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Death before BirthFetal Health and Mortality in Historical Perspective$
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Robert Woods

Print publication date: 2009

Print ISBN-13: 9780199542758

Published to Oxford Scholarship Online: September 2009

DOI: 10.1093/acprof:oso/9780199542758.001.0001

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Midwifery and Fetal Death

Midwifery and Fetal Death

(p.102) 5 Midwifery and Fetal Death
Death before Birth

Robert Woods (Contributor Webpage)

Oxford University Press

This chapter is concerned with a new history of midwifery, how obstetric practice affected the health and survival of the unborn, and their mothers. It traces the development of scientific knowledge and clinical practice as represented in the sequence of midwifery textbooks published in London during the 18th century and the more specialist studies on the causes of fetal death published during the 19th century. For example, Sarah Stone, William Smellie, William Hunter, Alexander Hamilton, James Whitehead, and William Priestley all dealt with the causes of abortions and stillbirths. They offered opinions on how to prevent miscarriages and how to treat patients most at risk. Their case notes provide detailed illustrations from practical experience, while their textbooks promote the best clinical advice available. The chapter takes us back to certain basics; it aims to describe what was known, how it was used, and what the consequences were for the fetus and neonate. It is not especially concerned with the exaggerated conflicts between women- and men-midwives, with the history of forceps or the lying-in hospitals as the principal objectives. It is preoccupied with patient outcomes.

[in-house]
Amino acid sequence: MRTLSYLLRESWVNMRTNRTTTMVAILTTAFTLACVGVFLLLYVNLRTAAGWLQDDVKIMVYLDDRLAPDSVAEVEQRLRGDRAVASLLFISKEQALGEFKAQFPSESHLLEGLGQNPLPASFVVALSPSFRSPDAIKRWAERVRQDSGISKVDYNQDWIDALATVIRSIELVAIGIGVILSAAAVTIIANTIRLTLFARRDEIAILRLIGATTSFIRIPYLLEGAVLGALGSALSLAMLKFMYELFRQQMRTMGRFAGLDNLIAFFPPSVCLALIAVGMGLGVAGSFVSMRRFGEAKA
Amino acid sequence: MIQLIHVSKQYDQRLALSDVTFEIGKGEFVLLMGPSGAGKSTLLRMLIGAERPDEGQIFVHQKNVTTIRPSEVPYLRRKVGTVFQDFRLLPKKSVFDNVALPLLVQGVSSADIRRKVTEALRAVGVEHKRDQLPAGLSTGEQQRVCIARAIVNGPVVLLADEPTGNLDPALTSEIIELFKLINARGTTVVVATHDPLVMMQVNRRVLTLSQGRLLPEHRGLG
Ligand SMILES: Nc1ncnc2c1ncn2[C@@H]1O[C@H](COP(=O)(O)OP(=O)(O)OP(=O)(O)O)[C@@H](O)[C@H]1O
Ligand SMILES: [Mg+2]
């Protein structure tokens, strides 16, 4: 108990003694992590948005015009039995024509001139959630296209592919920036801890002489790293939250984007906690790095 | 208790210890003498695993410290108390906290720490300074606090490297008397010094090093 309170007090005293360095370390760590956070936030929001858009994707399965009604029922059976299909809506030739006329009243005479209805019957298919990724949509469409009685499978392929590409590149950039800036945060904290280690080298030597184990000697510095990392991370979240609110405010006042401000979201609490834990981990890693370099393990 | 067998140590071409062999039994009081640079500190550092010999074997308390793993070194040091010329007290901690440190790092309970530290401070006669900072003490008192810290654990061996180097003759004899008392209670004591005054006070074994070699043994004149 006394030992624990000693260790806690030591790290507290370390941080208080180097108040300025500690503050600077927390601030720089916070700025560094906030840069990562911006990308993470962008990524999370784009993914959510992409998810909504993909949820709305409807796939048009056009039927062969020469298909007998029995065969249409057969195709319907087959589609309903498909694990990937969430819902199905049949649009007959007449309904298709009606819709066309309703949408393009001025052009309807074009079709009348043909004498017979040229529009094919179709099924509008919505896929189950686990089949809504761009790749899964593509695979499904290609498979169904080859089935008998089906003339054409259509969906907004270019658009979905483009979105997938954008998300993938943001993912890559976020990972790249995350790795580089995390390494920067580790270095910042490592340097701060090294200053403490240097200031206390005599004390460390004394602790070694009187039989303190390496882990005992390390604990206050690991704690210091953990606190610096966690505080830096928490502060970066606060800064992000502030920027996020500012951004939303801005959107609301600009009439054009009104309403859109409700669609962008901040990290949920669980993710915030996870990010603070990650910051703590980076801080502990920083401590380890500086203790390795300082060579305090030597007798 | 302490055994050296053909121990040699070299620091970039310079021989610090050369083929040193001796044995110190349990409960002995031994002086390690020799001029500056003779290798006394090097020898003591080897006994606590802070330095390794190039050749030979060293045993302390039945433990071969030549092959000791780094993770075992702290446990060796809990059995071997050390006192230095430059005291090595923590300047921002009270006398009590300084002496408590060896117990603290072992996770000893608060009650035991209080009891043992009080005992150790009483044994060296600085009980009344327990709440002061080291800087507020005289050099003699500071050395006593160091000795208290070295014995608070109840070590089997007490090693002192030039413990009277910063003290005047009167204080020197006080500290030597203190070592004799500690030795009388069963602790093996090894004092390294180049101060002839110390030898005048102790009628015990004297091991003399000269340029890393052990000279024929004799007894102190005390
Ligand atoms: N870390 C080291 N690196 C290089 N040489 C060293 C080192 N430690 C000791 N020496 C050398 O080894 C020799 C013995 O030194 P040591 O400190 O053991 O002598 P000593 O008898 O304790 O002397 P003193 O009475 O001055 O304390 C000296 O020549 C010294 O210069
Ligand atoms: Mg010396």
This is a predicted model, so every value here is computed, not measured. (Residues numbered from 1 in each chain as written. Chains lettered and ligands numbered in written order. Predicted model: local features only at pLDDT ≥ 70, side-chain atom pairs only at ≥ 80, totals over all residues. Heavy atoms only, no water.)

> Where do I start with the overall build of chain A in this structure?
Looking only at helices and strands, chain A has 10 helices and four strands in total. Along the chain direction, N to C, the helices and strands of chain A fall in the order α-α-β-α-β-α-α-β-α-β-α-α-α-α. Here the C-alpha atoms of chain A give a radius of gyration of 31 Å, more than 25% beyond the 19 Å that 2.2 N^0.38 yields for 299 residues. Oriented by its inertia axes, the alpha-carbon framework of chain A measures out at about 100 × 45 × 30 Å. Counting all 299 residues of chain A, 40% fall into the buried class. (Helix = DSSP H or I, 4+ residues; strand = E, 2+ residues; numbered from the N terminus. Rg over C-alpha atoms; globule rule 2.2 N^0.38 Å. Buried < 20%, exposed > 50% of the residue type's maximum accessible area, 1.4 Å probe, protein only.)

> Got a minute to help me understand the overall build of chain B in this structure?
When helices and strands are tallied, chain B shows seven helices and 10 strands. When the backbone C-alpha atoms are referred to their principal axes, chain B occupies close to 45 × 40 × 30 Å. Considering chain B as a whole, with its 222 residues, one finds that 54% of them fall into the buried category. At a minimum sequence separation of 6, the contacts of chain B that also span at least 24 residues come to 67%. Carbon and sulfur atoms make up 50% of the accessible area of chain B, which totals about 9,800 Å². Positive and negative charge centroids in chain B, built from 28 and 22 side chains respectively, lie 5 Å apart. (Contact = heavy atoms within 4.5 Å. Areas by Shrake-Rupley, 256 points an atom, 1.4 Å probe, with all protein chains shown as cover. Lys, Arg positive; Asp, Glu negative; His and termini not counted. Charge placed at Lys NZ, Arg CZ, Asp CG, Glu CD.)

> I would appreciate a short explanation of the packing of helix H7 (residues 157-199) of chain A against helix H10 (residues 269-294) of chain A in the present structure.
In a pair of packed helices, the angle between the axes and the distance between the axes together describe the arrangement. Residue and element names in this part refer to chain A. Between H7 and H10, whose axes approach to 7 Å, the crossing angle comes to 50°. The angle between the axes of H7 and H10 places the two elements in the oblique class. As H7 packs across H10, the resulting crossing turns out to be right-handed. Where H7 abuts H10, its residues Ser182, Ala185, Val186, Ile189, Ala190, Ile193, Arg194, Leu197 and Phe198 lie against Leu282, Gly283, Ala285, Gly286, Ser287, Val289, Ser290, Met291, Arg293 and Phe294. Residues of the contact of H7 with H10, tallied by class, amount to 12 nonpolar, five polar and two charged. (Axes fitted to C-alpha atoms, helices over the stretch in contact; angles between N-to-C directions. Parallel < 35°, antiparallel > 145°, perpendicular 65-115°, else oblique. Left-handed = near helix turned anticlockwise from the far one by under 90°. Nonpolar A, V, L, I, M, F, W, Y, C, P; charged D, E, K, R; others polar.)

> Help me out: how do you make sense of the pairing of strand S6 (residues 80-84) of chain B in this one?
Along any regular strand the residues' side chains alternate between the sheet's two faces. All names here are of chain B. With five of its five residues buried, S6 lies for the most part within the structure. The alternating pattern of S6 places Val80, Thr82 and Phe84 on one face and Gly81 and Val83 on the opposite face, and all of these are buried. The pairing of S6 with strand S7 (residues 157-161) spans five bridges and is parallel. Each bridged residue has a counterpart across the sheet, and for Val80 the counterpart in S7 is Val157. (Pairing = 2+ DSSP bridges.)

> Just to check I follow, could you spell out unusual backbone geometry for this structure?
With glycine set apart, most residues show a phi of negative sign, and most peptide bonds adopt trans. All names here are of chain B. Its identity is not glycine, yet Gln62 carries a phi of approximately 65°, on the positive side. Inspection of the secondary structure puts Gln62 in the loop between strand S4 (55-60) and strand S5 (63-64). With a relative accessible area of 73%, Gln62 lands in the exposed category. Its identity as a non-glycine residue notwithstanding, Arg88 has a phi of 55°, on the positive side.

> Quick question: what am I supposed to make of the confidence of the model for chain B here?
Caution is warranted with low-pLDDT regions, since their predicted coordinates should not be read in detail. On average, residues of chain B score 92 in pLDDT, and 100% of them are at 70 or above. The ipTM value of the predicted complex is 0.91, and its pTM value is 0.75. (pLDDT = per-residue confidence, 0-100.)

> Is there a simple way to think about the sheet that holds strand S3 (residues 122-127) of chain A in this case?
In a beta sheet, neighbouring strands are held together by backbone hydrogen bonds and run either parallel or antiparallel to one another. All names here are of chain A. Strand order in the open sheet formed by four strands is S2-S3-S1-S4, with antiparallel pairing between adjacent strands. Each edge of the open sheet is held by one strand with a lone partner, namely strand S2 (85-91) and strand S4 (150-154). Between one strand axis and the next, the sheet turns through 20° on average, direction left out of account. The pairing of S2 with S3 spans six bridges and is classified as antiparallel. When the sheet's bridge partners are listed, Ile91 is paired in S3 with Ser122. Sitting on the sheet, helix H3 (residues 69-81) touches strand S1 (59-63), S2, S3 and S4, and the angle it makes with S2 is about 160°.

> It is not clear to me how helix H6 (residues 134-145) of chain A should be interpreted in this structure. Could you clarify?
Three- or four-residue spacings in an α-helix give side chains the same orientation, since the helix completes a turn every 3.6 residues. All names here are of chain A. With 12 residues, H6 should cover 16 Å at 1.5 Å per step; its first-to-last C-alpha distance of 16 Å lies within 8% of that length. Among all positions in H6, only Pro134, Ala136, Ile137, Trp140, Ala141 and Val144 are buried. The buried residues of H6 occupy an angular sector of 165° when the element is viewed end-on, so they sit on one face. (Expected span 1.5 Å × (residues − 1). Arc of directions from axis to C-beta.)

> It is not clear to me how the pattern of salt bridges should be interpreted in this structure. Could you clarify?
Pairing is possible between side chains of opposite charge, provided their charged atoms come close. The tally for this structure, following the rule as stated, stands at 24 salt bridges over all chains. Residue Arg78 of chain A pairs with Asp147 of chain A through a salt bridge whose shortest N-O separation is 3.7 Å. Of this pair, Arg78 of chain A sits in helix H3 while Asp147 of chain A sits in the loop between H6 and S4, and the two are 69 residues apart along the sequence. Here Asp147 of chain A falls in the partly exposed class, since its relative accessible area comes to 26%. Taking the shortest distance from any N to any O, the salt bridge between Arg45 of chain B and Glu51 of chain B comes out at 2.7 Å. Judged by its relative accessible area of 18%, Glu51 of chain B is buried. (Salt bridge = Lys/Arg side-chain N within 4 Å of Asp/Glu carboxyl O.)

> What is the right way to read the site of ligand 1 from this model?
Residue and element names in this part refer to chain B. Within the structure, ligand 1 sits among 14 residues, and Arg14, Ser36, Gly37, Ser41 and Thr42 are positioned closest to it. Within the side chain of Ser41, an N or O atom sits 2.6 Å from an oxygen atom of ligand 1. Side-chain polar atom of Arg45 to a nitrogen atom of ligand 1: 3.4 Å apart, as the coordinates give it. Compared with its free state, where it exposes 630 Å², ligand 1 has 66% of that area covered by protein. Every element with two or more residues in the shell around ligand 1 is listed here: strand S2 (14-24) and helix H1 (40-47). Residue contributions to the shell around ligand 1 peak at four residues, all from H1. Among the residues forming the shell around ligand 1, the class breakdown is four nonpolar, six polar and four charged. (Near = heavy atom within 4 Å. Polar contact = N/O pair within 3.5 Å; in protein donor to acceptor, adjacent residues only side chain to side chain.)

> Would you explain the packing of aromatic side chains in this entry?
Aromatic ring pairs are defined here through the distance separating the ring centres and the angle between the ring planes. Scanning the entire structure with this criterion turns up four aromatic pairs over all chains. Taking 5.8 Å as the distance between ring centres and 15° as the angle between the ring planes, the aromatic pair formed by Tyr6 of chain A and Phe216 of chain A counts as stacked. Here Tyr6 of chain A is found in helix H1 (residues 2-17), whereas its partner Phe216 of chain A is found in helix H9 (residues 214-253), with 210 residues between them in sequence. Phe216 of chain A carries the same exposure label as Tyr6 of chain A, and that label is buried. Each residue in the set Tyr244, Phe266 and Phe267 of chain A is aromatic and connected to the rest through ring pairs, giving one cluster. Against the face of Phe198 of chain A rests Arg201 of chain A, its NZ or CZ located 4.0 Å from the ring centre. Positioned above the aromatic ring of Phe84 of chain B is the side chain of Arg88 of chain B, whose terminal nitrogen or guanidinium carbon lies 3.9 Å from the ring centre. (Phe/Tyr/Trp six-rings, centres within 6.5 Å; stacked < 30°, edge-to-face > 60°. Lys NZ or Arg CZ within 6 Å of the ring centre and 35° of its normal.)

Keywords:   midwifery, obstetrics, forceps, man-midwives, Sarah Stone, William Smellie, William Hunter, John Hunter, Alexander Hamilton, James Whitehead

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